Note to readers: I am sorry that this reflection was not posted yesterday. I simply fell a day behind!
In this morning's reading from Matthew, we find Jesus going about the cities and villages, teaching in the synagogues, proclaiming the gospel of the kingdom, and healing every disease and affliction. There are at least three themes found in the today's reading that are related to our call to be participants in the mission of God.
Jesus spent a large percentage of his earthly ministry engaged in the ministry of healing. Although this ministry brought about an obvious transformation in the lives of those who were healed, Jesus is also pointing us forward to the promise of God's new creation. In other words, the ministry of healing is a foretaste in the present of the fullness of restoration that will take place in the future. Healing is a sign of hope. Our world is in desperate need of "signs of hope." As we grieve the tragic loss of life in the wake of the Boston marathon bombings, we are reminded once again of our deep need and longing for healing and restoration.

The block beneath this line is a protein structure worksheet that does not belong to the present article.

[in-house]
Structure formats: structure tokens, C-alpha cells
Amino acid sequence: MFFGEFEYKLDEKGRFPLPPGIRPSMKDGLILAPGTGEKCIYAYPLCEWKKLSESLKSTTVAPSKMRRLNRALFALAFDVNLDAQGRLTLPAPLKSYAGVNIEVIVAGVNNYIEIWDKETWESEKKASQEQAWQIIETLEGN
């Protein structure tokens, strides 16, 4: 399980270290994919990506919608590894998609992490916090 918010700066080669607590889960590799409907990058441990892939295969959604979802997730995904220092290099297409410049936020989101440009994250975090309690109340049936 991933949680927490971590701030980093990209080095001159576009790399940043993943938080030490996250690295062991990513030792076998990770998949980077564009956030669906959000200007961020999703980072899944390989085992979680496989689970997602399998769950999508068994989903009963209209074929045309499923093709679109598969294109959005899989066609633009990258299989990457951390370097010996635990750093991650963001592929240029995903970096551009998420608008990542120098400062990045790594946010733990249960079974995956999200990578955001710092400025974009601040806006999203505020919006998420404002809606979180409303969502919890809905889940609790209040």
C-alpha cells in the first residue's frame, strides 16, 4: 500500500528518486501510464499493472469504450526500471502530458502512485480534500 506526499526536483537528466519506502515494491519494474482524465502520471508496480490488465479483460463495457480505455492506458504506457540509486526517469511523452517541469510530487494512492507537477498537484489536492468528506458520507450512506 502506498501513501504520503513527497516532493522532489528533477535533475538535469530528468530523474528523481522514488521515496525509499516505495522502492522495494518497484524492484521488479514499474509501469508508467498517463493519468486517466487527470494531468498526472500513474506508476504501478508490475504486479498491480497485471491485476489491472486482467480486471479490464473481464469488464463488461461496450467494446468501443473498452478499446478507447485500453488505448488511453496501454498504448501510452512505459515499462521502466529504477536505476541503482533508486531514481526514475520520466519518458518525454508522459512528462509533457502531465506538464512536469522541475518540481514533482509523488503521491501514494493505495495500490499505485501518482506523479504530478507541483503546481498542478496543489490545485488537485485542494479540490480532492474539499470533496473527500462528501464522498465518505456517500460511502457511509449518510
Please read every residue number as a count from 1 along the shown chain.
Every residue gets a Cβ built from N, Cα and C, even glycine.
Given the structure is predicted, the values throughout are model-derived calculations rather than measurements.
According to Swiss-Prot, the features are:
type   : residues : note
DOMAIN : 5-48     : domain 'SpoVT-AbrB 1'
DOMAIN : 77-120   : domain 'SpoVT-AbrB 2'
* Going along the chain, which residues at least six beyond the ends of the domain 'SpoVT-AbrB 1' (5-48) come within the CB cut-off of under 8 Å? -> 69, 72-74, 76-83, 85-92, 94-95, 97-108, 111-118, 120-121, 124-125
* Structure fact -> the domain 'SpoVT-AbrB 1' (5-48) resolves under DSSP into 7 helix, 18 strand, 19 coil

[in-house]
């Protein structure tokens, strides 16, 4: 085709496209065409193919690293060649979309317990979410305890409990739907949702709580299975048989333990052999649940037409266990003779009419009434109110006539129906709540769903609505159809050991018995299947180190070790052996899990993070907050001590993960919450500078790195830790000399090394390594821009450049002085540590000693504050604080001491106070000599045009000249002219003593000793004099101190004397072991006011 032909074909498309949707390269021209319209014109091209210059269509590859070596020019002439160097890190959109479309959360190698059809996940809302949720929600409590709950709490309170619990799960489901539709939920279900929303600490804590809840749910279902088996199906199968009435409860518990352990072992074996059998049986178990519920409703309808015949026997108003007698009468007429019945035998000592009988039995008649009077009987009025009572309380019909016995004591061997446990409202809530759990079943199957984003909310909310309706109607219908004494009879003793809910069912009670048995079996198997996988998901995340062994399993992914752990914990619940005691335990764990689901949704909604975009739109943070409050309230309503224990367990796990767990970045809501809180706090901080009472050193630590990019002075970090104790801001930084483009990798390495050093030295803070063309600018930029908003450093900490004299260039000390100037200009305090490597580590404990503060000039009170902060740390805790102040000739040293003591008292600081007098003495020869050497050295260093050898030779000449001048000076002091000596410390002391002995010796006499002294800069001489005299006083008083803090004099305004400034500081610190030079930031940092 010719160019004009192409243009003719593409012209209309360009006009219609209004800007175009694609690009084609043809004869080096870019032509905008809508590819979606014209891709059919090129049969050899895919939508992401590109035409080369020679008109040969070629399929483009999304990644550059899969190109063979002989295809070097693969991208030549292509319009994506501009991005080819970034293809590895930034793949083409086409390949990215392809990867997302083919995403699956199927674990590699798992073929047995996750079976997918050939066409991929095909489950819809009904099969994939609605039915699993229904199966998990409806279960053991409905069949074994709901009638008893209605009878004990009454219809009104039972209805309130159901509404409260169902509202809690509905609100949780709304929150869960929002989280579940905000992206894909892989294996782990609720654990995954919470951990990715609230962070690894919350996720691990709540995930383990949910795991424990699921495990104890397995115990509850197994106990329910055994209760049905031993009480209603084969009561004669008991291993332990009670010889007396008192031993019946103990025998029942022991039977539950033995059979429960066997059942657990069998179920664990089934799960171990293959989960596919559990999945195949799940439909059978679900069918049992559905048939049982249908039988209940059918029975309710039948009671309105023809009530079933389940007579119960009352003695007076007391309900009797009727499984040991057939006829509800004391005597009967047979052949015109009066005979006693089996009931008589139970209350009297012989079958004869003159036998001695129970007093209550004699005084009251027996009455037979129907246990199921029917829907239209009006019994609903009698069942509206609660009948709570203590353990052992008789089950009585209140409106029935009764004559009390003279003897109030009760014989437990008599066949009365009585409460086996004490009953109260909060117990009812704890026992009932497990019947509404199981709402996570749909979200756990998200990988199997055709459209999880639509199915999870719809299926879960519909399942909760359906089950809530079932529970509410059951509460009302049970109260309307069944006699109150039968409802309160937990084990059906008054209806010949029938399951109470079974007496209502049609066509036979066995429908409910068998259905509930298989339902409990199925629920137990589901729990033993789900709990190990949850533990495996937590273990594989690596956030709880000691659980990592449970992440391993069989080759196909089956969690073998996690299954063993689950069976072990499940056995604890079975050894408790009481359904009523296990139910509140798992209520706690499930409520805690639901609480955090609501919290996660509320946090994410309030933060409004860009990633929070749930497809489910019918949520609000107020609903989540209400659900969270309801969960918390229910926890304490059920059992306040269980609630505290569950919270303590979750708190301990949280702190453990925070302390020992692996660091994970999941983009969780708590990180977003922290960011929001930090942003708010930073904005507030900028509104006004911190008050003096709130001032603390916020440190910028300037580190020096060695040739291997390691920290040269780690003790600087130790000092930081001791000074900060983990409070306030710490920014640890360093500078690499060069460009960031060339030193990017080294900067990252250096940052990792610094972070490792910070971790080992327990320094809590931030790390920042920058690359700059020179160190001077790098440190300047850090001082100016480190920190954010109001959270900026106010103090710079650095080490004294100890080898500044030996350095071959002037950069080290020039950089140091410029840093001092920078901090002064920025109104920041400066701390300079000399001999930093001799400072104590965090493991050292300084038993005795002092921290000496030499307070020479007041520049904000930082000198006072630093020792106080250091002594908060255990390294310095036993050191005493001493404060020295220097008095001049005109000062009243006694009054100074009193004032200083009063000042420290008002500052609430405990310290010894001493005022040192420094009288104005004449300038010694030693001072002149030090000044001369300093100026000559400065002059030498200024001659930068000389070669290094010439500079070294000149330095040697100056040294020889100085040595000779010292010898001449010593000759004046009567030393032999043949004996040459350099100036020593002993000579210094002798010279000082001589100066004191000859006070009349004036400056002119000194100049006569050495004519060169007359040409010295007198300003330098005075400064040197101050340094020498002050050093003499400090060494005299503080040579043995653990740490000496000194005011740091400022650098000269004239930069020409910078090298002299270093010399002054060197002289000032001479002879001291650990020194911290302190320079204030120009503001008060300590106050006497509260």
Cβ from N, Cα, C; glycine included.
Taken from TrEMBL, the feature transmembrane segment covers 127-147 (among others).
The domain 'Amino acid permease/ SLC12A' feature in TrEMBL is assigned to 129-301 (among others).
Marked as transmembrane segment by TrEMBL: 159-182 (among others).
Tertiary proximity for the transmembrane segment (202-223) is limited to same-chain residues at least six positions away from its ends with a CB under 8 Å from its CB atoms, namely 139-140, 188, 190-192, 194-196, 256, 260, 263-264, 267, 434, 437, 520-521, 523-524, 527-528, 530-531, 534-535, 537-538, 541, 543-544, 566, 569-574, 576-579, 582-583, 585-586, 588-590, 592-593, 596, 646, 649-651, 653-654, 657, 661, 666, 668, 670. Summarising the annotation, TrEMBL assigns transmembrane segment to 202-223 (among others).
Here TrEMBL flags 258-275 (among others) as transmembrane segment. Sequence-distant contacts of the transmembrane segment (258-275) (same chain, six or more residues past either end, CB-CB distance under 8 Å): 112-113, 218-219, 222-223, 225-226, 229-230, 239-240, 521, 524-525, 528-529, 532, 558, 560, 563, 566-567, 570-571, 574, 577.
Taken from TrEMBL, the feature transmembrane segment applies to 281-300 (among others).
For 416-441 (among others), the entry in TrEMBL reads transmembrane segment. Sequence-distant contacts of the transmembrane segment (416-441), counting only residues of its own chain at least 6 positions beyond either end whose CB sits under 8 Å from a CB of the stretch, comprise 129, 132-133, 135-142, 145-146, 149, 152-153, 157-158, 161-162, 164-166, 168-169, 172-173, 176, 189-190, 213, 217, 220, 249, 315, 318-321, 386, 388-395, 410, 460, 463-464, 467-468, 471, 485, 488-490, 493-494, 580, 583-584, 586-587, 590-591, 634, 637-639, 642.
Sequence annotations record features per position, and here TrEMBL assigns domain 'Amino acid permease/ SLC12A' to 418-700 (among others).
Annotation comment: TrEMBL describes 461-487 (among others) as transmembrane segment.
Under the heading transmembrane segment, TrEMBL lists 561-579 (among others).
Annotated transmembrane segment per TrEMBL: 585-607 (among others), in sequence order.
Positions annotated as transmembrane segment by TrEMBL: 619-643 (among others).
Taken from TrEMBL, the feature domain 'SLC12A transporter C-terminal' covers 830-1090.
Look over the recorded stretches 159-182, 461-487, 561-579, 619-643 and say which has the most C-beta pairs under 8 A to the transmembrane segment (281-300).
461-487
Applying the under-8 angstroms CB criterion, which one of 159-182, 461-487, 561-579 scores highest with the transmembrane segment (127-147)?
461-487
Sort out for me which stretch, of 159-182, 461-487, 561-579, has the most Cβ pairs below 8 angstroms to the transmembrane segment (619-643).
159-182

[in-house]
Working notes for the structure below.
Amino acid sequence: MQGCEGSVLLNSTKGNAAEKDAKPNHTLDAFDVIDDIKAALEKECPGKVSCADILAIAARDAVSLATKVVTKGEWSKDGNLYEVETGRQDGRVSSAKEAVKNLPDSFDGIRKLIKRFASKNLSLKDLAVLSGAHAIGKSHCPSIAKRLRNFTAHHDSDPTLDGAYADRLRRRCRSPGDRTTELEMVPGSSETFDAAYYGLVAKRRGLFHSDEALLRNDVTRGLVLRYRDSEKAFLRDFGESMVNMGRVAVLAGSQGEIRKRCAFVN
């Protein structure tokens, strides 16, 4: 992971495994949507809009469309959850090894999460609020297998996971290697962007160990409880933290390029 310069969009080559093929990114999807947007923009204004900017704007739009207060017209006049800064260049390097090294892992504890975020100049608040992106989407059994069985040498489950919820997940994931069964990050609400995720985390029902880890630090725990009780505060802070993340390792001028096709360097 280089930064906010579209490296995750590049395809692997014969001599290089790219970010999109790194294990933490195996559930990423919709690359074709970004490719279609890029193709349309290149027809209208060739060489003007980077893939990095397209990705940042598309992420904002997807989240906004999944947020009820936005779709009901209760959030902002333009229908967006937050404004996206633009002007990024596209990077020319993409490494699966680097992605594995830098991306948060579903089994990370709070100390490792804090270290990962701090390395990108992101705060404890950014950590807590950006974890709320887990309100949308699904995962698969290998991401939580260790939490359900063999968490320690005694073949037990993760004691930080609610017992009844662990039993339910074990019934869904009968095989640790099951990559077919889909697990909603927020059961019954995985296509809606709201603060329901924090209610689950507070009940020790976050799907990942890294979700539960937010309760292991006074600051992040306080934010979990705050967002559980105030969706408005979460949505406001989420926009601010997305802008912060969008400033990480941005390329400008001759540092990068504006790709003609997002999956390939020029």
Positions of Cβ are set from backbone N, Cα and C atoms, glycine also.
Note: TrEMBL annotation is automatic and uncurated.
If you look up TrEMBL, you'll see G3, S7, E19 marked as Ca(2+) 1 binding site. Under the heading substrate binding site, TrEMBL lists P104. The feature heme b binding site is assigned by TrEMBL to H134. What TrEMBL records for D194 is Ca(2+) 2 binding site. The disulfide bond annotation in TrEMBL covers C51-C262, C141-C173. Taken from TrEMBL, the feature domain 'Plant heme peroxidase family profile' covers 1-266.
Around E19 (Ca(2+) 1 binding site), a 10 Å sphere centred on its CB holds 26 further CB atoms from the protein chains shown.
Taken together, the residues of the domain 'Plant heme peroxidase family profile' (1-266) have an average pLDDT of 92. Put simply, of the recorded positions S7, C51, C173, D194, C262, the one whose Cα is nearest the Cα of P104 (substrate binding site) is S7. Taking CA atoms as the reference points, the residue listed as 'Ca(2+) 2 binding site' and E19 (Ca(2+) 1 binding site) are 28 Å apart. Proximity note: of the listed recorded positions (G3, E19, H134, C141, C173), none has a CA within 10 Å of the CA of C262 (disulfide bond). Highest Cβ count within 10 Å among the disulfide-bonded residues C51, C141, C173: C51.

Throughout the ministry of Jesus, we find the consistent theme of compassion. Jesus is often moved with compassion, which then prompts him to reach out to heal or help someone in need. This theme of compassion is meant to be found in our lives as well, and yet too often we so consumed by our own needs and commitments that we remain unmoved by the needs of those around us. Being a "missional people" means that we allow God to soften our hearts, so that we become a people of compassion and mercy to all those to whom we are sent!
Finally - the theme of prayer. Regarding this theme, New Testament scholar N.T. Wright offers the following insight:
Outside the Lord's Prayer itself, Jesus doesn't often tell his followers what to pray for, but this time he does. Go to the farmer, he says, and beg him to send workers to bring in the harvest. And, as his followers pray that prayer, the answer comes back worryingly quickly: you are, yourselves, to be the answer to your own prayer.
How is God calling you to be a person of compassion? Where are the fields today ready for harvest? What should our prayer then be? When we can answer that, we may discover, too, how we ourselves might be part of God's answer.